How to do a Basic Linux Server Installation using Ubuntu

In this article, we will show you how to do a basic Linux Server OS install using Ubuntu Server. Linux is an extremely popular operating system in our field. Many system builders will build their platform on Linux. As a result, having the skills and experience with any version of Linux can help you navigate those platforms. Ubuntu Server is Open Source, and available for free, and can be installed on nearly any platform, physical or virtual. This makes it a platform for lab use, as well as production.

The Install Procress

Download the media

Go to https://ubuntu.com/download/server and click on Option 2 -Manual server installation

Prepare the media

Preparing the media will depend on what you’re installing on to. If it’s a physical machine you’ll likely be going to create a bootable USB drive or if you’re going to run a virtual machine you can just mount the ISO file directly. Rufus is a great tool for creating bootable USB drives for any bootable image.

Boot from the Install Media

The first thing you’ll do is select your language. Use the arrow keys to navigate the list and then press enter to select.

Next, select your keyboard layout.

Then, select a Network Interface. In our case we only have a single network interface, named ens33, and it is connected to the network and getting a DHCP address.

A Proxy is sometimes used to connect to the Internet. All traffic is sent to a proxy address so it can be scrubbed to ensure security. If this is a home or lab network you likely do not have a proxy. Leave the line blank and press enter.

Ubuntu Archive Mirror Address is the location on the internet where Ubuntu will download updates from. Leave the default here and press enter.

Next, configure your local storage. By default (recommended) you can just use the entire disk. However, in a production environment, you may want to be more specific about partitioning the storage.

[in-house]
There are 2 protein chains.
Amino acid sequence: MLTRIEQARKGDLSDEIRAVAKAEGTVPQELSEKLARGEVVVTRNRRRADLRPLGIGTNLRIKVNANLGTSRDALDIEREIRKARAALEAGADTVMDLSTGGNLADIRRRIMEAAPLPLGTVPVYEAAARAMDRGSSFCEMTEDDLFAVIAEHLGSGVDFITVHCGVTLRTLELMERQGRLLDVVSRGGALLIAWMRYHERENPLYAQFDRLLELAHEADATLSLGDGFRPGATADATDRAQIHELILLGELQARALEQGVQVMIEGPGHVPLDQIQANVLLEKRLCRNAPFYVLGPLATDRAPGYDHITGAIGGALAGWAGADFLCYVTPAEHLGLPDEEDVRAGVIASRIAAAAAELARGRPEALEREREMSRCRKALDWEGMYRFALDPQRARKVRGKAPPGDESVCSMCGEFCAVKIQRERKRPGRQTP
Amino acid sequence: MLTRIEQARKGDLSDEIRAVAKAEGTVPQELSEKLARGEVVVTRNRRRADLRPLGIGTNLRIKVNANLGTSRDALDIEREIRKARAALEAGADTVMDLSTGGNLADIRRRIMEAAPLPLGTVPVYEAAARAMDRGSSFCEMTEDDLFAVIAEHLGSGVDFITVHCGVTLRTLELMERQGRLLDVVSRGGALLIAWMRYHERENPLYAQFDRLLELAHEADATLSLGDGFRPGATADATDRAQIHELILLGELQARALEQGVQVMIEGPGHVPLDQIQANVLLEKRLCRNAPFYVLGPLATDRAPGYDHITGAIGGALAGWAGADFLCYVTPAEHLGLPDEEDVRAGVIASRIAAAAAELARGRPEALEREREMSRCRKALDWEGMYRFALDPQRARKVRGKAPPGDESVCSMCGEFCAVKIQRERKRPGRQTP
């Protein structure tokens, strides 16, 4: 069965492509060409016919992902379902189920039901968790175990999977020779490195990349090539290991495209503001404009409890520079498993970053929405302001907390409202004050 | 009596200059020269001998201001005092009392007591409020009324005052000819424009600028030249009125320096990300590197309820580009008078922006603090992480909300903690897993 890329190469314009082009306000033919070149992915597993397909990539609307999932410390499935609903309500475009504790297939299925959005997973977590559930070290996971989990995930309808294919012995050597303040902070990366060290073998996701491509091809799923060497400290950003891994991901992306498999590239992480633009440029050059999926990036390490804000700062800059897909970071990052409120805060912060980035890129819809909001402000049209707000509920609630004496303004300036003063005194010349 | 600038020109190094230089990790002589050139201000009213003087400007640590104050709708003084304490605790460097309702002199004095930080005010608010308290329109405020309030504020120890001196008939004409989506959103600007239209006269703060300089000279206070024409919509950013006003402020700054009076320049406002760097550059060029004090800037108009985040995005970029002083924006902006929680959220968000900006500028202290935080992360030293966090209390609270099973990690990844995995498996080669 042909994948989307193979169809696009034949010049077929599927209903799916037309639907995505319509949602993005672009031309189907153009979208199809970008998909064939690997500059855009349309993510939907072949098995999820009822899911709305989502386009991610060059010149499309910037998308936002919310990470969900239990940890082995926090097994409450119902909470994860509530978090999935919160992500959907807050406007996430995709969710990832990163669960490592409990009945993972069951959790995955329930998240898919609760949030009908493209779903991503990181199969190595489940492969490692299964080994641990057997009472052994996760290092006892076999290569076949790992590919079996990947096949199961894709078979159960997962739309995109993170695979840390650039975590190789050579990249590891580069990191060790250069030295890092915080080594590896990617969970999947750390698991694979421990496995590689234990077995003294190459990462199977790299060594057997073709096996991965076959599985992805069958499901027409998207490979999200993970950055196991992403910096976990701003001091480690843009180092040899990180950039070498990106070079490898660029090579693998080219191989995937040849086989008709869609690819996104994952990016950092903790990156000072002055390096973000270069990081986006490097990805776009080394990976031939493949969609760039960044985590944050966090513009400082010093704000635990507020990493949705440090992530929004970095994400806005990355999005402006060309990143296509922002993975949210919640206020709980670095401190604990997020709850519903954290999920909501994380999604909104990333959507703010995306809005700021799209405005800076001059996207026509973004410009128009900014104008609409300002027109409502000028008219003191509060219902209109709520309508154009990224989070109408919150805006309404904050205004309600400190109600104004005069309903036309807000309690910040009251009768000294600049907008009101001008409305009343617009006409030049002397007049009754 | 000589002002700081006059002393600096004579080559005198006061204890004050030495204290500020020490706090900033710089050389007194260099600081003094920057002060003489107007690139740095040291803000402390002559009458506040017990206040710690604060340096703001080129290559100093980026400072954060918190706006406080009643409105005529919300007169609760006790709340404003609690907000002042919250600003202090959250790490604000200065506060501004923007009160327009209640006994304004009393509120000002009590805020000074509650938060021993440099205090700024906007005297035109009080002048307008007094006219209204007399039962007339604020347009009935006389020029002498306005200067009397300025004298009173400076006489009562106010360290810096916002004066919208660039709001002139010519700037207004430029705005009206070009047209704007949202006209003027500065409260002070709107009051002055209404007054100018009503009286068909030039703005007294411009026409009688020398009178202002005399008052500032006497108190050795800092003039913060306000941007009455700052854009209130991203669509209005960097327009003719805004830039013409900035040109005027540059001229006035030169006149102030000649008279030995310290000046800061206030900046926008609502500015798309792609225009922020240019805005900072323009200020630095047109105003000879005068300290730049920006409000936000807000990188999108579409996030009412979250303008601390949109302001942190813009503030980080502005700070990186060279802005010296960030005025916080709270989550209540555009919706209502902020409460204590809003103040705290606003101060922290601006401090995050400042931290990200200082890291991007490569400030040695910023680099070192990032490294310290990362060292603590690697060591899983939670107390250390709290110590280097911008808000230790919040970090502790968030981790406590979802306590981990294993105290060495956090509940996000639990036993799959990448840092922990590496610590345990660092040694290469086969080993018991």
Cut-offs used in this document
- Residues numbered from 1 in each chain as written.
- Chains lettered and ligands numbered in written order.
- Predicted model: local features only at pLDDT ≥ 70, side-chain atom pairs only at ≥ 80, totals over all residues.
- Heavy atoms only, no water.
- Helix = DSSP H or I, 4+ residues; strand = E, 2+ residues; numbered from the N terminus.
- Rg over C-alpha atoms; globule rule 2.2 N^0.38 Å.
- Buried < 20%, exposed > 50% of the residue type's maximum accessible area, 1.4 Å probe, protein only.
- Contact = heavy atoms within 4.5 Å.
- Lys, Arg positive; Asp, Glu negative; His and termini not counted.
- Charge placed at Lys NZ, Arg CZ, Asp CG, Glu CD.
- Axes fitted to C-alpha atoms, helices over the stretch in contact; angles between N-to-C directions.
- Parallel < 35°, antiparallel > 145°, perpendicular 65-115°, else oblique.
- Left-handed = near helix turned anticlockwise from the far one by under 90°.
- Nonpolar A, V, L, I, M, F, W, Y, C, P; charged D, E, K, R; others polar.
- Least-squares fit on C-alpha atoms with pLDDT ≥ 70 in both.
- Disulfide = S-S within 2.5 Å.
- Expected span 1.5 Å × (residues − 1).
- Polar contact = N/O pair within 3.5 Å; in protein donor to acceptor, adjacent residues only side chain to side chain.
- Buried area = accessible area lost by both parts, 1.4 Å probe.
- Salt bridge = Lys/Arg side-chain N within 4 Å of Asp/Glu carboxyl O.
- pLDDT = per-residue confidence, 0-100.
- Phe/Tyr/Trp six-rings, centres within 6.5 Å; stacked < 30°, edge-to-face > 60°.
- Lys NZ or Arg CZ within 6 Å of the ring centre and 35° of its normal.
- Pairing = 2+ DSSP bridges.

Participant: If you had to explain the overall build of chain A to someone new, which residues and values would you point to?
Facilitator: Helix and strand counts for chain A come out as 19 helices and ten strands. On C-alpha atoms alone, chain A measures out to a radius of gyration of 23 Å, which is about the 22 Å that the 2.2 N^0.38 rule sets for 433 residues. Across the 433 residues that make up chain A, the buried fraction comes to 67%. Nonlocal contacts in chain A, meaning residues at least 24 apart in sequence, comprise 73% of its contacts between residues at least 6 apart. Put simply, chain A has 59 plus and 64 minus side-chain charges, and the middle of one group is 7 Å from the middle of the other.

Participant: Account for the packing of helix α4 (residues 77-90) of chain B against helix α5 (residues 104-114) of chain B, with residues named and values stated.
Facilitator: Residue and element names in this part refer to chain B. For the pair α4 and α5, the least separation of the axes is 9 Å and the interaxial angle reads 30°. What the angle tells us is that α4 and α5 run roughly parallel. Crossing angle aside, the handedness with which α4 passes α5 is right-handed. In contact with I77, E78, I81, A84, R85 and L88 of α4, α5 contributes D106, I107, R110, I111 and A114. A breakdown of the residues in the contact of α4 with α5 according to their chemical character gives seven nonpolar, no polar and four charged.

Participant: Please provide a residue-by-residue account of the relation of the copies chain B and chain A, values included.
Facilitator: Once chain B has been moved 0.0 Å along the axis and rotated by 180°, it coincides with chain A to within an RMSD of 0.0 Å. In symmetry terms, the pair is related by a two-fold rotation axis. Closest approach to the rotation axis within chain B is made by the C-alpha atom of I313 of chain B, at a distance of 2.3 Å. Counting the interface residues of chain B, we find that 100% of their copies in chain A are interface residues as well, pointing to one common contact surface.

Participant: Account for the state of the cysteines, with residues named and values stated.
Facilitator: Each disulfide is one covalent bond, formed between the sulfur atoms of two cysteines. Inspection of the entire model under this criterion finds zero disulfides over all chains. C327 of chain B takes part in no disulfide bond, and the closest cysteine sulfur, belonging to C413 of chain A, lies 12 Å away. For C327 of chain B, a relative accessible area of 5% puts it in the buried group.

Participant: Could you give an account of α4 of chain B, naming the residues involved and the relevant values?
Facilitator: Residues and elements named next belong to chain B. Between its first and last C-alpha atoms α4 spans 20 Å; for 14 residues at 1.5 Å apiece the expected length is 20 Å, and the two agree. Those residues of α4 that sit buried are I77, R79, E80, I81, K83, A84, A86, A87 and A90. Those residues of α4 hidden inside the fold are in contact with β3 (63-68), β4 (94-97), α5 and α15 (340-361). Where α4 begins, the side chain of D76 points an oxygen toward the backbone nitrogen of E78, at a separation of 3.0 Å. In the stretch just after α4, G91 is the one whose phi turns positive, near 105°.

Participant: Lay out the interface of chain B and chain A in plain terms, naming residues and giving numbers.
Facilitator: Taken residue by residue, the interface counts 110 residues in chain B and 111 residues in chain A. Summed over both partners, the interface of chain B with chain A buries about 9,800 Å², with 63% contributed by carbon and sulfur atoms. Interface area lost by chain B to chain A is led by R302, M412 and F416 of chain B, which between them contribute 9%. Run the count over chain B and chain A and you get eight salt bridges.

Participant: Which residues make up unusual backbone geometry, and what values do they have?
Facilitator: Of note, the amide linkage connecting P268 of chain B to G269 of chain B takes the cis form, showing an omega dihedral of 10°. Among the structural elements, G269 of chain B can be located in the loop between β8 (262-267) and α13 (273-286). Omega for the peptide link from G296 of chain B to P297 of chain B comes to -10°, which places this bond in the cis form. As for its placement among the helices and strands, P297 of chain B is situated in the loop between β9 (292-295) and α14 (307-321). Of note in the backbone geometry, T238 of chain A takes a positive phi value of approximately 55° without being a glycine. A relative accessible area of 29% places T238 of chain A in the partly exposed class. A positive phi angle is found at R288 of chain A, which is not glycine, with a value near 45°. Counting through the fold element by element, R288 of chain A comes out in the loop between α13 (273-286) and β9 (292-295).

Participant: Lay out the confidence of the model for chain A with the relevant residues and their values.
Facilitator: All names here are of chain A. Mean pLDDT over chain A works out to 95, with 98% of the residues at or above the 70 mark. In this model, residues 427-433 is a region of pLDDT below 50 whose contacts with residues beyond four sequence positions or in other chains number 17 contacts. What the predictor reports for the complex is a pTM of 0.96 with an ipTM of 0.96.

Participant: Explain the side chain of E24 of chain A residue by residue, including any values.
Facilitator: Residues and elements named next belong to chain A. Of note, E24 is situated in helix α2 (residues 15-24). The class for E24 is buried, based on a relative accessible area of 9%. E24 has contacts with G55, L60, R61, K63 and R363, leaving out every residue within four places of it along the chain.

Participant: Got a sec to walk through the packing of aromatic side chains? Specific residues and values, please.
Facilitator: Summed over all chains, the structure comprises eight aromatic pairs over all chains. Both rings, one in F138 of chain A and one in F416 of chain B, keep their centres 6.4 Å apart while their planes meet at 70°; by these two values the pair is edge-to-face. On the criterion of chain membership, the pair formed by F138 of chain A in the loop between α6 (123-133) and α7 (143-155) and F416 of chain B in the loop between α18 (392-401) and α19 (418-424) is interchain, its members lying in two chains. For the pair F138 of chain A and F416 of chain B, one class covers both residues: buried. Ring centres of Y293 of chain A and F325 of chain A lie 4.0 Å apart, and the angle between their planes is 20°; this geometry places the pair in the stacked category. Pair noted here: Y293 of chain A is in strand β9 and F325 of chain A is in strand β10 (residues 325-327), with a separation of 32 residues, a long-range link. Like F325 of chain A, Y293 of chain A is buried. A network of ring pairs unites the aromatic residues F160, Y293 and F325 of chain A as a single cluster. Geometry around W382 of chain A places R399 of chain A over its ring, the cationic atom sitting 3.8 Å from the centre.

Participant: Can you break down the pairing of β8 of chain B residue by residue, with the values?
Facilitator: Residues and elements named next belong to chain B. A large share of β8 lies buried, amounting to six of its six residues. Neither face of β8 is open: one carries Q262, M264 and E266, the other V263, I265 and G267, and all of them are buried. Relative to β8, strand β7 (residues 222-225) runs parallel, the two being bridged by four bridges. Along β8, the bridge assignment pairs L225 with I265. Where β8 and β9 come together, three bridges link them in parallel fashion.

Review the Storage Configuration Summary and then use the arrow keys to navigate to Done and then press enter.

You’ll be warned that the disk will be formated and all data will be lost. Use the arrow keys to highlight and select continue by pressing Enter.

Profile Setup – Here you enter in your name, the server’s hostname, your username, and then your password. This is the first user and will also be an administrative level user with Root privileges.

Press the Space Bar to select Open SSH Server and then use the arrow keys to navigate down to, and select, Done by pressing enter. Open SSH Server will allow you to remotely access the server via SSH.

Ubuntu is now being installed. Monitor the progress here. It will take several minutes to complete.

Once the installation is complete you’ll see the Reboot Now option at the bottom of the screen. Use the arrow keys to highlight it and then press Enter.

You will be prompted to remove the installation media so that upon reboot the installation process doesn’t start all over again.

Post Installations Tasks

After the installation completes there are a few things you may want to do, such as applying updates, setting a statically assigned IP address, or adding additional users.

After rebooting you’ll be at a login prompt. Enter in the username and password that you created earlier to get going.

Download and Apply Available Updates

First, let’s download and apply package updates that may have come out since the build was created. To do that we’ll use a couple of commands. First, is ‘sudo apt update’ for you first-time Linux users let’s break that down. Sudo is short for Super User Do – basically the “run as administrator” of the Linux world. Apt is short for Apt-get or Aptitude, and is a package handler for Debian flavors of Linux. On Red Hat flavors of Linux, such as REHL – Red Hat Enterprise Linux, CentOS, and Fedora, you would use Yum as the package Handler.

This refreshes the package database and can tell you how many packages that have updates available. In the above screenshot we see 87 packages can be upgraded. To get a detailed list of available updates we can run “apt list –upgradeable.”

Here we have a list of all of the packages, in green, listed with a / and then the latest version of that package, followed by a set of square brackets with the currently installed version within.

To execute the upgrade we can run sudo apt upgrade. This will list all of the packages that have updates available, and the size on disk these updates will take to install. In this example, we see the updates will take up 399 MB of disk space.

At the prompt press Y and then enter to continue.